One of New Zealand’s finest cricket players ever to have played in the country’s history participating in the sport at international level, has died. New Zealand allrounder and the country’s oldest surviving Test cricketer, John Reid, died on Wednesday at his Auckland home. He was 92. His family did not disclose the cause of his death.
A strong and forceful middle order batsman and a solid and dominating fast-medium bowler, Reid even excelled at keeping the wicket. In an era New Zealand shed much tears and blood trying to make its mark in the international arena, Reid soon emerged one of only a handful of world-class Kiwi Test players. Having risen to the top of his own domestic game very soon after the country first began playing tests, Reid would ultimately go on to dominate the domestic scene for very close to two decades.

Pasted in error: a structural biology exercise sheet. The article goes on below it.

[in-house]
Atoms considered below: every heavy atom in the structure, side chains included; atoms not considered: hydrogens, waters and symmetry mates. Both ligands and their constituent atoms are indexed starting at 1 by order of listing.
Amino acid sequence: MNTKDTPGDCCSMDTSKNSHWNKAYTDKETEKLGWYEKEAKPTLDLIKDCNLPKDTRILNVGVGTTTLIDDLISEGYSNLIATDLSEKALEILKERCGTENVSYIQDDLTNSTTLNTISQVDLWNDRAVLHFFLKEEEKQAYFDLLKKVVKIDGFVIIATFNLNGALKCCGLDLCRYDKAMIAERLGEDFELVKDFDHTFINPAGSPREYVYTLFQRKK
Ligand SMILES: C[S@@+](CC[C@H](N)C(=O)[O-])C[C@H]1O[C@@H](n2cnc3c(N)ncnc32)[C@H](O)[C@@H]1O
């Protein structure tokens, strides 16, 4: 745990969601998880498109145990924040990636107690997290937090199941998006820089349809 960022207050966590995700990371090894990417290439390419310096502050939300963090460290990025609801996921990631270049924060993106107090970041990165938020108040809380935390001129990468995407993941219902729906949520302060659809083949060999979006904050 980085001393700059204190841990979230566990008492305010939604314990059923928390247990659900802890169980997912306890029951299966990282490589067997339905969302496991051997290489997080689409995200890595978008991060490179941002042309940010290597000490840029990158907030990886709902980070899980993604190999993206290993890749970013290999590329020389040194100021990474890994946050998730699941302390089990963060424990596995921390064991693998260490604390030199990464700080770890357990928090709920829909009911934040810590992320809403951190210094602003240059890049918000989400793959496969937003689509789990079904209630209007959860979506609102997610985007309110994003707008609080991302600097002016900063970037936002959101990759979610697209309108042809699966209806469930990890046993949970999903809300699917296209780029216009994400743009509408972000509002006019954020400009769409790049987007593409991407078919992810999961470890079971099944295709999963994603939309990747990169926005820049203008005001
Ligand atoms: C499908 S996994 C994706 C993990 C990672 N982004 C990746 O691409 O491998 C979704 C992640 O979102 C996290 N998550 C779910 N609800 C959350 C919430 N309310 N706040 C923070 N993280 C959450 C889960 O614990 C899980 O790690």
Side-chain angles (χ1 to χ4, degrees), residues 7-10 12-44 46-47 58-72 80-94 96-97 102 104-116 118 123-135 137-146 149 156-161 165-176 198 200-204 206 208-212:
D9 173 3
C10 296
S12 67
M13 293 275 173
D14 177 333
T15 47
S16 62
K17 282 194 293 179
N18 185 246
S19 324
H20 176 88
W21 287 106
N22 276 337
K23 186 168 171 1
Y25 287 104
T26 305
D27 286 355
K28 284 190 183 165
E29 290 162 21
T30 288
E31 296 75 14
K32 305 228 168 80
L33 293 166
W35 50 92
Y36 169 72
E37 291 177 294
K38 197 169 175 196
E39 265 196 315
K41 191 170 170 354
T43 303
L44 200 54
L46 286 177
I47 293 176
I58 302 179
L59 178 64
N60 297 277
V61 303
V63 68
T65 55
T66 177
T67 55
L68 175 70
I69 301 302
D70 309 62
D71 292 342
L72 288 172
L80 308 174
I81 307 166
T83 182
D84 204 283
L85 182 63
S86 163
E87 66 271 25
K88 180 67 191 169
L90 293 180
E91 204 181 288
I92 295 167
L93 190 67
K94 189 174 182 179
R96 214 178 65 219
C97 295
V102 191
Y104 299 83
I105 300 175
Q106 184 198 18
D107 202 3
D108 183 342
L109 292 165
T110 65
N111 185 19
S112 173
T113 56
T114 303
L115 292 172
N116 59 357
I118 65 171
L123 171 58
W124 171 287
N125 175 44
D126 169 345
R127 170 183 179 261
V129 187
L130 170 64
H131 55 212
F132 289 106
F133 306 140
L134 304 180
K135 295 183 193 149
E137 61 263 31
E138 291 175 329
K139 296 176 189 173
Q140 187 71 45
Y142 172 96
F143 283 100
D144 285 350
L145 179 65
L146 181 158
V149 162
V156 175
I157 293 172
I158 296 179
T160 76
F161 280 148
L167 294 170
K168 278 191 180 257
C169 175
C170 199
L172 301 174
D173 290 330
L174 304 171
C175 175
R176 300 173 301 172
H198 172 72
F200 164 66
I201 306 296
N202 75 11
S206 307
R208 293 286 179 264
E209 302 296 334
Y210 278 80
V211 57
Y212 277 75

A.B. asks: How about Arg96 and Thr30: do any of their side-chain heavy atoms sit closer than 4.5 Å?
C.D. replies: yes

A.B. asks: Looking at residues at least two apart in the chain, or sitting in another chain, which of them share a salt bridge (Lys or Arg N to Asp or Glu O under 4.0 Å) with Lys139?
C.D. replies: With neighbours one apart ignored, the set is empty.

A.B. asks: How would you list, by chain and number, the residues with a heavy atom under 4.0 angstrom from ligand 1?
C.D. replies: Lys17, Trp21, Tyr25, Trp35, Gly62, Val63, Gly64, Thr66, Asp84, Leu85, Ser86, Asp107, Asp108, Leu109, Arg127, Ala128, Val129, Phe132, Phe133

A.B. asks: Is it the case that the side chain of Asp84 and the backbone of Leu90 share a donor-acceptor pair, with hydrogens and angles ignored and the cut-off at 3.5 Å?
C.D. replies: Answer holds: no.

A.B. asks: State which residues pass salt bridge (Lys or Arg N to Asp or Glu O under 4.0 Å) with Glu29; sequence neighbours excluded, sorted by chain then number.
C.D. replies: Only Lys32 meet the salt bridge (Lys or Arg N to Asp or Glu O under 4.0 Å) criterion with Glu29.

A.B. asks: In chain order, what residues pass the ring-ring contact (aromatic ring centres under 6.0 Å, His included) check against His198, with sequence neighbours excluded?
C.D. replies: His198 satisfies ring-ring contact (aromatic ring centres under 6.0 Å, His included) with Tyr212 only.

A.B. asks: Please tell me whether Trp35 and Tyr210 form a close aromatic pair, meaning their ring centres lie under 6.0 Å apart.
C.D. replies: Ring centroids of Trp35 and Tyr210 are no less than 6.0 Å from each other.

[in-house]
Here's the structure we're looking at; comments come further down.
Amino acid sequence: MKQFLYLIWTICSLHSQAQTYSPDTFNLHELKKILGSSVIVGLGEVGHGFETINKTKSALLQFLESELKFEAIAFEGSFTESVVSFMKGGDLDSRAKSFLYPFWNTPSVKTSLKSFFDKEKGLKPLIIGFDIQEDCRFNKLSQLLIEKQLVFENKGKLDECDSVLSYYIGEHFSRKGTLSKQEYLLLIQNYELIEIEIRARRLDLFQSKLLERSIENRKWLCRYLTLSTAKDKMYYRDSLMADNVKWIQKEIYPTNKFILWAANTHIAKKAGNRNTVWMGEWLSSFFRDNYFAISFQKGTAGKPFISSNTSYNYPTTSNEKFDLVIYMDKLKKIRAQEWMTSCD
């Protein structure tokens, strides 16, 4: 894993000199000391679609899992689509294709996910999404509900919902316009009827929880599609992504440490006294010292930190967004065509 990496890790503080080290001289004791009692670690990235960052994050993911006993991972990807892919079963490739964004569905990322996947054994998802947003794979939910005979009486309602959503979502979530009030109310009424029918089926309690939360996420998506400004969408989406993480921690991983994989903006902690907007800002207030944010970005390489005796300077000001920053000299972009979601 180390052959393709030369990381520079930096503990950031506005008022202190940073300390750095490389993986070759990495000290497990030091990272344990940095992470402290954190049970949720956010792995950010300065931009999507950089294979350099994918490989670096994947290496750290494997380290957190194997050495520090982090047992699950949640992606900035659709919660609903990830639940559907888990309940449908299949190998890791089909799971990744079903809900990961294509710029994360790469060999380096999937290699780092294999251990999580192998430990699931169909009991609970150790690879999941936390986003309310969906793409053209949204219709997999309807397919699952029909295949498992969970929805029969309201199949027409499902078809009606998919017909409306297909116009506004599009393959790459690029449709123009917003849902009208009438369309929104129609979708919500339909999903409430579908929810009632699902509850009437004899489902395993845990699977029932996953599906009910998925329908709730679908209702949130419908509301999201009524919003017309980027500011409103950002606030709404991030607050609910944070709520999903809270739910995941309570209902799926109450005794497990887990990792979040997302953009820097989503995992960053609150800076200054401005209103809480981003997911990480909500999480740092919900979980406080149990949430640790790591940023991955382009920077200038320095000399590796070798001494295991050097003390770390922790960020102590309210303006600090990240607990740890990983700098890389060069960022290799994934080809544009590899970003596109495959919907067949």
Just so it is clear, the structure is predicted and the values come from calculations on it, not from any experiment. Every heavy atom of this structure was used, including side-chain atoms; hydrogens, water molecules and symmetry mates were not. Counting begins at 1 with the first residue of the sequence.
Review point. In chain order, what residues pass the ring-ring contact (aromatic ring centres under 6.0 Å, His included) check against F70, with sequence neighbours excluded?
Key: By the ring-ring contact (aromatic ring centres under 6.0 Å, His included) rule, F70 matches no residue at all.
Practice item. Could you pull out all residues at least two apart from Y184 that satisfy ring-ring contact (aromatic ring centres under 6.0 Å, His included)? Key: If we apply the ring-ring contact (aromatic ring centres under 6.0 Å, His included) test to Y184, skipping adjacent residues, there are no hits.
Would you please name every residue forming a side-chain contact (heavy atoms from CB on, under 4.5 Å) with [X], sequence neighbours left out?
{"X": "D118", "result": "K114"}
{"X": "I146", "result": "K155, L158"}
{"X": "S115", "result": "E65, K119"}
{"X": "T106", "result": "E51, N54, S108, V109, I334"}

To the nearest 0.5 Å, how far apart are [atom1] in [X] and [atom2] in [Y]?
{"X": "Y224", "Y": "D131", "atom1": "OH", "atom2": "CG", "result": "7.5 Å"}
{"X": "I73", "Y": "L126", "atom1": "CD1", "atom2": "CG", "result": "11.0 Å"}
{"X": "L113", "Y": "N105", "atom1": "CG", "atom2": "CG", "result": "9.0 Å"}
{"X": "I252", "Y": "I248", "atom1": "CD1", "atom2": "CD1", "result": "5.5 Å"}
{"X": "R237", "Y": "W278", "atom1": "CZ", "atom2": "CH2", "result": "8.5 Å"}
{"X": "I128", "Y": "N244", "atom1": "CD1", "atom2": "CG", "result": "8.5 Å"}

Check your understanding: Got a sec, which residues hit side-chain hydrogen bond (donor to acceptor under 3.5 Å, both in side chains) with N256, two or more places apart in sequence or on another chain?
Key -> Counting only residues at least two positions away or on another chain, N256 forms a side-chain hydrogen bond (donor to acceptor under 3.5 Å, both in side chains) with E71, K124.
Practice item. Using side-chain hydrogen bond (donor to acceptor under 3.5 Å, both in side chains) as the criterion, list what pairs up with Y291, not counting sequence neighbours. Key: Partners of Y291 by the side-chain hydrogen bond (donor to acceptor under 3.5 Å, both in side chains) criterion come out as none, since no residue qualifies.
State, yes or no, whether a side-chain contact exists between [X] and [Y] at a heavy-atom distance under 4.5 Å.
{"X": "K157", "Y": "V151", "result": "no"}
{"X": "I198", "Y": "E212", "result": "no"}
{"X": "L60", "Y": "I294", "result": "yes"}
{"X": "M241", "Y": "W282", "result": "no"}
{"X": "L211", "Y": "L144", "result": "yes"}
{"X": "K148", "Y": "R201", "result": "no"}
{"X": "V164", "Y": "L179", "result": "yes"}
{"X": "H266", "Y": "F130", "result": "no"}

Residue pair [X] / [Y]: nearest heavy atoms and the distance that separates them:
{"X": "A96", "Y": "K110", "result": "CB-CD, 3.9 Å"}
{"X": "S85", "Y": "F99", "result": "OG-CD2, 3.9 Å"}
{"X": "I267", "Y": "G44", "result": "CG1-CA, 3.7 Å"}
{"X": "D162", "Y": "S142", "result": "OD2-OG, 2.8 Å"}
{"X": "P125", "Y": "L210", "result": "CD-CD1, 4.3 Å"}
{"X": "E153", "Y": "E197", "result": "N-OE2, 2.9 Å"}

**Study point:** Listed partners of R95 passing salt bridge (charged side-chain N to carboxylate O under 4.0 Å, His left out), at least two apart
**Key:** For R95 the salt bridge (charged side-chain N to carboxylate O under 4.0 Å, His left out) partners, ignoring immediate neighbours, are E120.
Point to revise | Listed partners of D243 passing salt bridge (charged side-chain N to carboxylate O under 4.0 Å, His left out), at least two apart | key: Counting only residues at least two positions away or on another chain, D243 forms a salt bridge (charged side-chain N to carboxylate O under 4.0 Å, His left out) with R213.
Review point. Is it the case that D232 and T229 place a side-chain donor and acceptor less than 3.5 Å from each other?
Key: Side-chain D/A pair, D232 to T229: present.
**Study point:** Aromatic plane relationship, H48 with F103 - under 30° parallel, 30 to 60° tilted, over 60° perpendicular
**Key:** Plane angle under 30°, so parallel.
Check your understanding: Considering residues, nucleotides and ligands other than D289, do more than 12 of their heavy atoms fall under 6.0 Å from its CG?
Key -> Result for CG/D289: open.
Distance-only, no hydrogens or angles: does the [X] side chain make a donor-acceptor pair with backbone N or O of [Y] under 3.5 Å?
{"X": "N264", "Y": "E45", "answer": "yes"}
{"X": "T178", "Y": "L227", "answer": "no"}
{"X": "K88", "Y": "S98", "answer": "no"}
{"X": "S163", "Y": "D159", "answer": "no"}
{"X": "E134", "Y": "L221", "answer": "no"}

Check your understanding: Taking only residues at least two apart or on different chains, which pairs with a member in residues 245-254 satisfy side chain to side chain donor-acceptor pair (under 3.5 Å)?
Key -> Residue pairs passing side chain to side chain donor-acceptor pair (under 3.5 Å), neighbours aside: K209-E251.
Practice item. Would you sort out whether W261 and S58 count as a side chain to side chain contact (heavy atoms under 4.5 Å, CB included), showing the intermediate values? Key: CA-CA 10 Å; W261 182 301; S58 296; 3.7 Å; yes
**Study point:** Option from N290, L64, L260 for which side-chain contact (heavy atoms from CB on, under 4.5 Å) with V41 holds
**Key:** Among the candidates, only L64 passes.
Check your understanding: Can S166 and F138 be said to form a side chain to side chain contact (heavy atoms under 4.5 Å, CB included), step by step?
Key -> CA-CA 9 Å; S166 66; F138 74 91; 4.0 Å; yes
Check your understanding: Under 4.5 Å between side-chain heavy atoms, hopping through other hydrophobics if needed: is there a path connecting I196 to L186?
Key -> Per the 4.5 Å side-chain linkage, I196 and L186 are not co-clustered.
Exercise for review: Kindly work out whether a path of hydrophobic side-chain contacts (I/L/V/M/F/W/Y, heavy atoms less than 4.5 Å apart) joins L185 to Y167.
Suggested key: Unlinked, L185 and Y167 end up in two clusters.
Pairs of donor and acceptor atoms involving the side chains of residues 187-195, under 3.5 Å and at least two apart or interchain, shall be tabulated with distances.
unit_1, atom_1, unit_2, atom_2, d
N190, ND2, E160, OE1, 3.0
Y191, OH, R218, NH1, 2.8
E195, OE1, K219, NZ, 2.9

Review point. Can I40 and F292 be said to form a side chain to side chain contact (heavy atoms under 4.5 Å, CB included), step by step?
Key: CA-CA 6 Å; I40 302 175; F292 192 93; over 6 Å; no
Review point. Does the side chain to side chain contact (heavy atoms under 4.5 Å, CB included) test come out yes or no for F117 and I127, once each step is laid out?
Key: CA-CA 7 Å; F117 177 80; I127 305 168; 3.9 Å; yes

All throughout an impressive 58 test caps played for his country, he missed not even a single test before eventually stepping down from professional cricket in 1965. As skipper of the New Zealand national side, he led the country on an impressive total of 34 occasions.
Reid’s only fault had been that of playing Test cricket for his country in the wrong era. Had his fate been to instead play for the national side in the era of One Day Internationals in the 1980s, he would have ranked among the likes of all-time cricketing greats Martin Crowe and Richard Hadlee.
Born in Auckland and raised in Wellington, Reid will be laid to rest following a private memorial service to be held at Wellington’s Basin Reserve.
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